To water the crop, John Hind first conceived of an irrigation system tapping into the abundant, wild and inaccessible rivers that ribbon the Kohala Mountains.  In 1904, JS Low acquired a license from the Territory of Hawaiʻi to "enter upon, confine, conserve, collect, impound and divert all the running natural surface waters on the Kohala-Hāmākua Watershed;" he assigned the license to the Kohala Ditch Company.

Notable engineers and other professionals became involved in the construction of irrigation ditches that were the forerunners of large irrigation projects in the Western US.  Among the engineers was Michael Maurice O'Shaugnessy; he was both an investor in the Kohala Ditch Company and the Chief Engineer for the aqueduct.  (ASCE)

The Kohala Ditch, built by the Kohala Sugar Company, diverted water from the Honokāne Nui Stream to Hikapoloa, west of Hawi.  600-Japanese laborers worked on its construction; in the process, 17 lost their lives.

The laborers were housed under corrugated iron roofs. The raised floors “nearly always two-feet above the ground and higher if practicable” provided “a place for drying the men’s clothes in wet weather.” Additionally, “a hospital and medical department was also provided for the men, who were assessed 50-cents a month apiece for this object.”  (ASCE)

The Honokāne section of Kohala Ditch was opened on June 11, 1906; waters of Honokāne began flowing to the Kohala, Niuliʻi, Halawa, Hawi and Union mills.  The Awini section was finished in 1907; it started from the Waikoloa stream and traveled over 8-miles, mostly in tunnel, to the Awini weir where the water dropped 900-feet in a manmade waterfall into the Honokāne section.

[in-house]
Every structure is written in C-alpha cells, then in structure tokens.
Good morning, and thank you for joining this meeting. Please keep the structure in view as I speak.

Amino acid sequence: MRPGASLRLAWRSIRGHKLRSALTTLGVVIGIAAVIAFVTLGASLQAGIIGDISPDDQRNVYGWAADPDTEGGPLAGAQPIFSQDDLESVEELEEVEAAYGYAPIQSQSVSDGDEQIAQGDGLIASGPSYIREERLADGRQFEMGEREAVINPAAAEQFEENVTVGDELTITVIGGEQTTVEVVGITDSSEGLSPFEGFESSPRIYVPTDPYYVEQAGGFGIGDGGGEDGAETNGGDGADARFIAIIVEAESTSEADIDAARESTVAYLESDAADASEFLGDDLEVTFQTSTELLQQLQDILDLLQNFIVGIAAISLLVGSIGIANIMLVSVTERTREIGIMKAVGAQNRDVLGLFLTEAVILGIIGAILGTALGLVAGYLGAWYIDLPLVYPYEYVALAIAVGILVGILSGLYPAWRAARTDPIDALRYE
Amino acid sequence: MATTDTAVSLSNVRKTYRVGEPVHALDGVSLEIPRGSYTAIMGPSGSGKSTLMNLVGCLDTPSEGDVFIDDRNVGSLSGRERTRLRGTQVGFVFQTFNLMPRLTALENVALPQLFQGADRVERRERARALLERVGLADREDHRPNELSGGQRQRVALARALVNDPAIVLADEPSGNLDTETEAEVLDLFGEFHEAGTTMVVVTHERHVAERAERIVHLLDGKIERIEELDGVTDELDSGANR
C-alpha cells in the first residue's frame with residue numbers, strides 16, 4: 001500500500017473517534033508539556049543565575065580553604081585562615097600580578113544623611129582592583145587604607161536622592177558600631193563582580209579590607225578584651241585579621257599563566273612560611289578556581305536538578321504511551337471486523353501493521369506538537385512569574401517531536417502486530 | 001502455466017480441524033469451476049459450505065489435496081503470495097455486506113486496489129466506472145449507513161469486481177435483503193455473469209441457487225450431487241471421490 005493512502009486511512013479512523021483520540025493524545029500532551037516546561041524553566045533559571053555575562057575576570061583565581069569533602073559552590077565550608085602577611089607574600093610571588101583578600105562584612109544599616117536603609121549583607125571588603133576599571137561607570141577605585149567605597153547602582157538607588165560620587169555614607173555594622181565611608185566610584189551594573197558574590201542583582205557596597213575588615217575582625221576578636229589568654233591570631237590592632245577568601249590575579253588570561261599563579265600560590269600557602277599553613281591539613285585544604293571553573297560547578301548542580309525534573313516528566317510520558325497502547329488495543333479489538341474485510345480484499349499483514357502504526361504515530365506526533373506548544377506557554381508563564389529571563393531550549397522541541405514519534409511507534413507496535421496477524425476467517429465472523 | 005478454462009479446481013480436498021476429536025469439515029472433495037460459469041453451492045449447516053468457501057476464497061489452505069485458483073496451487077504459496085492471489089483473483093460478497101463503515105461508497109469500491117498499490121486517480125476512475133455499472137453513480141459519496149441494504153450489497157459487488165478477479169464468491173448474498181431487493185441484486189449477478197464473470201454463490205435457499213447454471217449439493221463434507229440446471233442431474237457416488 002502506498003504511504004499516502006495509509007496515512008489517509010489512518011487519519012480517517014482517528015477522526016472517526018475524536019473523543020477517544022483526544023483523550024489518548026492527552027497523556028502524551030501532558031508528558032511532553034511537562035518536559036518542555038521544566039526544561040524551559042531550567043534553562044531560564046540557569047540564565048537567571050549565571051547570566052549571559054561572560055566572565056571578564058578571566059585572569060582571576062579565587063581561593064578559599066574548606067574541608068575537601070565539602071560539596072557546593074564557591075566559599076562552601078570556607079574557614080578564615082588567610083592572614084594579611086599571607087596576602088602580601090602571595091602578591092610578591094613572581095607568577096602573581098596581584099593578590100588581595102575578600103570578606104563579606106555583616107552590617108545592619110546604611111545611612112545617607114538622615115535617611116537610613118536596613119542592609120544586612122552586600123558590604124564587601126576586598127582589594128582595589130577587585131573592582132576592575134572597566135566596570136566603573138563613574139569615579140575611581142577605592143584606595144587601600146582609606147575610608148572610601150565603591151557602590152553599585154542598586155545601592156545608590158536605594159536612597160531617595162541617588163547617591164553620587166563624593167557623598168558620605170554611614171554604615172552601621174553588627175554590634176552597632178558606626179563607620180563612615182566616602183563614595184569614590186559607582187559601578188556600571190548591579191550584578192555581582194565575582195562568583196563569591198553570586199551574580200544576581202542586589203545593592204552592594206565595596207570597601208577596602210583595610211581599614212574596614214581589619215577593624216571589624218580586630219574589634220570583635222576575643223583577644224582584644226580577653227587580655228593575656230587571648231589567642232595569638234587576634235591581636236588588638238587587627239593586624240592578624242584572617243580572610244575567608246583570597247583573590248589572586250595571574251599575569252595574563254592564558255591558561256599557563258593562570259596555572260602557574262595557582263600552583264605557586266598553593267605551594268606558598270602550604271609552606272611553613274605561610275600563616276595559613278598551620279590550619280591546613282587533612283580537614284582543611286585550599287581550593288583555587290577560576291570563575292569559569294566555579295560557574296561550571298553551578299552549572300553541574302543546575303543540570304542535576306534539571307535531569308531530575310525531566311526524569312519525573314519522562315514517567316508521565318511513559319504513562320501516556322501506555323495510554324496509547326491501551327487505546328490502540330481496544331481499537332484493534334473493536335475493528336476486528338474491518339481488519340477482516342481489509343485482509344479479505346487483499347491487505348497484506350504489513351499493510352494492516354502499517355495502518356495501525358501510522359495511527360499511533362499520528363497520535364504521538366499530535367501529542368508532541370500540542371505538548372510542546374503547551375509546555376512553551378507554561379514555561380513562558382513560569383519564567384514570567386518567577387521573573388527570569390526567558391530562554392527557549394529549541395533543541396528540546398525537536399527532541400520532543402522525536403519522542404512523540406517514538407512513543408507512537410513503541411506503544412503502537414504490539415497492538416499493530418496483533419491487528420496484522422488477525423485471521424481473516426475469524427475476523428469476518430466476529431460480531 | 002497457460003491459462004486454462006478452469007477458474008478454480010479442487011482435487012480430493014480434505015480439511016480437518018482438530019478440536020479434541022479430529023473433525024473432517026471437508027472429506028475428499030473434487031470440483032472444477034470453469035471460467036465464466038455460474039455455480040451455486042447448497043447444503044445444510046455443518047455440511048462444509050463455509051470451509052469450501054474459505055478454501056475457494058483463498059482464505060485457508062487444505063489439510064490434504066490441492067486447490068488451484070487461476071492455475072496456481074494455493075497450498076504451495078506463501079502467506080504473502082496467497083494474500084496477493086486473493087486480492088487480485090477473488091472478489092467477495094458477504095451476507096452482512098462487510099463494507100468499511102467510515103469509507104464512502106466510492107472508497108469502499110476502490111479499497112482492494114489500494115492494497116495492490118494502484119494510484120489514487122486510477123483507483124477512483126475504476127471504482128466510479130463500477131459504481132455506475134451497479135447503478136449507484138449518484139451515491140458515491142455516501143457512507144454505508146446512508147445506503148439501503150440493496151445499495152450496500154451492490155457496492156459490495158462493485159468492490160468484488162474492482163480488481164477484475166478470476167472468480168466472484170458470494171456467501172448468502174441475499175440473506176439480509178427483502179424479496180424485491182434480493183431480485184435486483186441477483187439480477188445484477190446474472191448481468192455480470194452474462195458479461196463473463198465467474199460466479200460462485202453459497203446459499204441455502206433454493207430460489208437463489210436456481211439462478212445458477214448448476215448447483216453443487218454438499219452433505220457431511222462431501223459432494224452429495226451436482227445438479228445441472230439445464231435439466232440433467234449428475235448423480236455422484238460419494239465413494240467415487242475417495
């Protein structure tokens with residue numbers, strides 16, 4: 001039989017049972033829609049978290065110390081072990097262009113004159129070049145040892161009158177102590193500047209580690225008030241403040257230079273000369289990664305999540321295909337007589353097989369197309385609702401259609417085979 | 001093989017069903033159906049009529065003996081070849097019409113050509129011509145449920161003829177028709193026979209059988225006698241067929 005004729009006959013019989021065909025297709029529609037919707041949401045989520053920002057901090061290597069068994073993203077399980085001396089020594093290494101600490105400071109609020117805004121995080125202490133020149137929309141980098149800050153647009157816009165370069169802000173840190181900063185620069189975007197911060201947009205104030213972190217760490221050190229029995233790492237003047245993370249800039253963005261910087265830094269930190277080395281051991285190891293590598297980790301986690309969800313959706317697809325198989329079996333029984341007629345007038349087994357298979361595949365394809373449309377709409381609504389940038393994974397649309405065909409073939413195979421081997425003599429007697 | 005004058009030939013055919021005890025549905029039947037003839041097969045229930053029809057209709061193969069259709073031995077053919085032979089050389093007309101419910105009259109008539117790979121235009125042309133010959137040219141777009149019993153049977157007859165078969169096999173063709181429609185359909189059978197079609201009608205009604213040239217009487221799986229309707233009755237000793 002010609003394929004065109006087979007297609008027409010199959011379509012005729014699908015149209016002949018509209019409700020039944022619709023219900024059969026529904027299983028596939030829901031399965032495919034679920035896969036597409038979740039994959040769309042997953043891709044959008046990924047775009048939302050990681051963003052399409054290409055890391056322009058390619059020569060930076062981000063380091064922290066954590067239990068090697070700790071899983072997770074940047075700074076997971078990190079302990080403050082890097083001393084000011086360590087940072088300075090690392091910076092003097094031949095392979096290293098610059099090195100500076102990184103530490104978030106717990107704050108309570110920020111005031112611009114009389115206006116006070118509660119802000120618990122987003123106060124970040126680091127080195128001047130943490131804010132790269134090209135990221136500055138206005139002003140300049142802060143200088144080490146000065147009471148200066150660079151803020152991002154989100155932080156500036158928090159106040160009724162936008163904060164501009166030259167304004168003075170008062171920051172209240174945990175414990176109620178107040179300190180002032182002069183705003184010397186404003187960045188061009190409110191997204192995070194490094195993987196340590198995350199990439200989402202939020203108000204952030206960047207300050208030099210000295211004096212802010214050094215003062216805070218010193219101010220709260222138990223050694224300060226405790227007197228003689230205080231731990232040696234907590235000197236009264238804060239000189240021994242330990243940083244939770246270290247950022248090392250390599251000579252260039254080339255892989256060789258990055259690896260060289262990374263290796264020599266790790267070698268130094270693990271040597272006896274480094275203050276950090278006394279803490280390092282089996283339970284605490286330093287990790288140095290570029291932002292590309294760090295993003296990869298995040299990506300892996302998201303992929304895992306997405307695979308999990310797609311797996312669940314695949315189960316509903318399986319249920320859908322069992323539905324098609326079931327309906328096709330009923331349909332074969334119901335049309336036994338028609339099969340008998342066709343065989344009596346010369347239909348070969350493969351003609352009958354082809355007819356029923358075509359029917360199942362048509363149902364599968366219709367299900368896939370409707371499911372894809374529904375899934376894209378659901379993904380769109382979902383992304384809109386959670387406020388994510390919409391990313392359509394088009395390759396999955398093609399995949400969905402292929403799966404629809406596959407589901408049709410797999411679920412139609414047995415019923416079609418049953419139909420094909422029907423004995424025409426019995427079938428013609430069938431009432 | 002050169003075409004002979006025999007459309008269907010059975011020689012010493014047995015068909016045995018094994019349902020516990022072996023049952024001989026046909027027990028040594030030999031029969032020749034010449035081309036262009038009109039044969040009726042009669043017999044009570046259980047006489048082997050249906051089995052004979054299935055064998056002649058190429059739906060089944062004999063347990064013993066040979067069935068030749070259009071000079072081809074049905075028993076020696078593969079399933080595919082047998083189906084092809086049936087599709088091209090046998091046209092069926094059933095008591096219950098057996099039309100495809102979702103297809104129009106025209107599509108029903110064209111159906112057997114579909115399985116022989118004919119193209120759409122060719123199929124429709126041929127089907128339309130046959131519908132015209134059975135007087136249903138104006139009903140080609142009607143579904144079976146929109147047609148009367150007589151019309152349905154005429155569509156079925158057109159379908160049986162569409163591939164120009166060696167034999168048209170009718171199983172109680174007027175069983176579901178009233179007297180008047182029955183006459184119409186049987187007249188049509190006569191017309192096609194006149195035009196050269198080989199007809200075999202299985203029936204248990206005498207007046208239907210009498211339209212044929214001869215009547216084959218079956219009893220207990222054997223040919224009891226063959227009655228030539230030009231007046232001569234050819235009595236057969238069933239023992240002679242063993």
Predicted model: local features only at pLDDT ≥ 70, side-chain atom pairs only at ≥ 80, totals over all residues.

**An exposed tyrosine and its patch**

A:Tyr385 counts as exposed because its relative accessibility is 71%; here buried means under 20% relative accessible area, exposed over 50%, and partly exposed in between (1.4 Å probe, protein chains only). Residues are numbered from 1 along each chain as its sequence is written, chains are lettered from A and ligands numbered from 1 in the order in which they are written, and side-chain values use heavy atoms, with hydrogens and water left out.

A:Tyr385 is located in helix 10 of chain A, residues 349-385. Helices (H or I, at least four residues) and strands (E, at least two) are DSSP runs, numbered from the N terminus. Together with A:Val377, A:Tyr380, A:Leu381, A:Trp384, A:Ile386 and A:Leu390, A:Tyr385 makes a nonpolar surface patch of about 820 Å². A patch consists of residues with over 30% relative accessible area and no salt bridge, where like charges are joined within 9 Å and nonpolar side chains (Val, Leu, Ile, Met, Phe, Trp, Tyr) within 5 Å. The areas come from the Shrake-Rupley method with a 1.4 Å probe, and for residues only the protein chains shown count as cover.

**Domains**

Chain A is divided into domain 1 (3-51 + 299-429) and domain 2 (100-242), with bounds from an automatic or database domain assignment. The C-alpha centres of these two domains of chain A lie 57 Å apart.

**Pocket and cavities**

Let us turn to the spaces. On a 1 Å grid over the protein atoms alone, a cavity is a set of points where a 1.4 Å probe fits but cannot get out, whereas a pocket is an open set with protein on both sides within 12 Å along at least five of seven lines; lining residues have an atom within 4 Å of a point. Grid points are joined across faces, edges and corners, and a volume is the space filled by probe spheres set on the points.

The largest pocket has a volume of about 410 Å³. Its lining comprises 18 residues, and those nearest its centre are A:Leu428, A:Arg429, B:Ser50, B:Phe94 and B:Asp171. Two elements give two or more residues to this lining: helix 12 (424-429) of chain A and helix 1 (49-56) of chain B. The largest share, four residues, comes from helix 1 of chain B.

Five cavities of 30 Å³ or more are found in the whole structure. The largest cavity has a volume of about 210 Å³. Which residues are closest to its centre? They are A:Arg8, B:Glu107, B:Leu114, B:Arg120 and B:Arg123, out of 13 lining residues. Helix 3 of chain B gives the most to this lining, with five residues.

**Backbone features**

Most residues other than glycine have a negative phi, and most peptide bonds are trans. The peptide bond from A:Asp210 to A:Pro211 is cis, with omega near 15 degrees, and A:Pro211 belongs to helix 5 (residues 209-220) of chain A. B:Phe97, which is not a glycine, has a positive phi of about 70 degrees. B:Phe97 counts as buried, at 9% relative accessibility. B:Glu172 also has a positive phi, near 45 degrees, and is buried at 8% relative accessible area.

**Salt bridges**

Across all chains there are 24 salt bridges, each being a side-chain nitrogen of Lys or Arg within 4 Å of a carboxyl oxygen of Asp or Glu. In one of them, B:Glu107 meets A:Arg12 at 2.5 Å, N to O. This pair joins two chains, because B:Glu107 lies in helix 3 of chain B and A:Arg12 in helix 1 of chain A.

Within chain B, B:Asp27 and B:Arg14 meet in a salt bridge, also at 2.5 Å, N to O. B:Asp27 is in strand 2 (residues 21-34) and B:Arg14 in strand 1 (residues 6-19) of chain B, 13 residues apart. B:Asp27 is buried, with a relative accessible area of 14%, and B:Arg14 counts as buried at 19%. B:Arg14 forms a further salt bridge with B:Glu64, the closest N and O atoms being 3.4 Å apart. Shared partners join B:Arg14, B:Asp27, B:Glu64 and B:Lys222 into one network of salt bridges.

The ditch carried the water for 23-miles northwest, mostly as tunnel, toward Hawi.  The capacity was originally 70-mgd, later reduced to 50-mgd, when the original flumes were replaced with smaller ones.

The ditch drops about 80-feet in elevation from 1,045-feet at the bottom of the intake at the first large stream (Honokāne) to 956-feet at the terminus in the plantation fields.

Prosperity came to Kohala. At the peak of its production, the Sugar Company had 600-employees; 13,000-acres of land produced 45,000-tons of raw sugar a year.

As with other sugar operations, it didn’t last.  1975 saw the last harvest at Kohala Sugar Company.  The district’s economy struggled.  Almost one-third of the workforce now commutes to South Kohala to work in the hotels and resorts located there.  However, the Ditch remained open for other agricultural needs.

Vulnerability and the risks associated with reliance on the Kohala Ditch were made evident on October 15, 2006, when two earthquakes struck off Kiholo and caused extensive damage to the Kohala Ditch.  In that instant, rockslides and other damage to the ditch stopped the water from flowing through the Ditch.

Two years later, on November 25, 2008, after extensive community involvement and public/private funding ($2-million in federal money, $500,000 from the state, $500,000 from Hawai`i County, $342,000 from Kamehameha Schools and $100,000 from AT&T), water was released back into the Kohala Ditch after repairs to the damage caused by the 2006 quakes.

Agricultural and hydroelectric users continue to benefit from the Ditch; in addition, entrepreneurs saw an opportunity for recreational/visitor industry uses of the ditch with kayak and raft rides through the flumes and tunnels of the Kohala Ditch.

The image shows workers in the construction of the Kohala Ditch.  In addition, I have added other related images in a folder of like name in the Photos section on my Facebook and Google+ pages.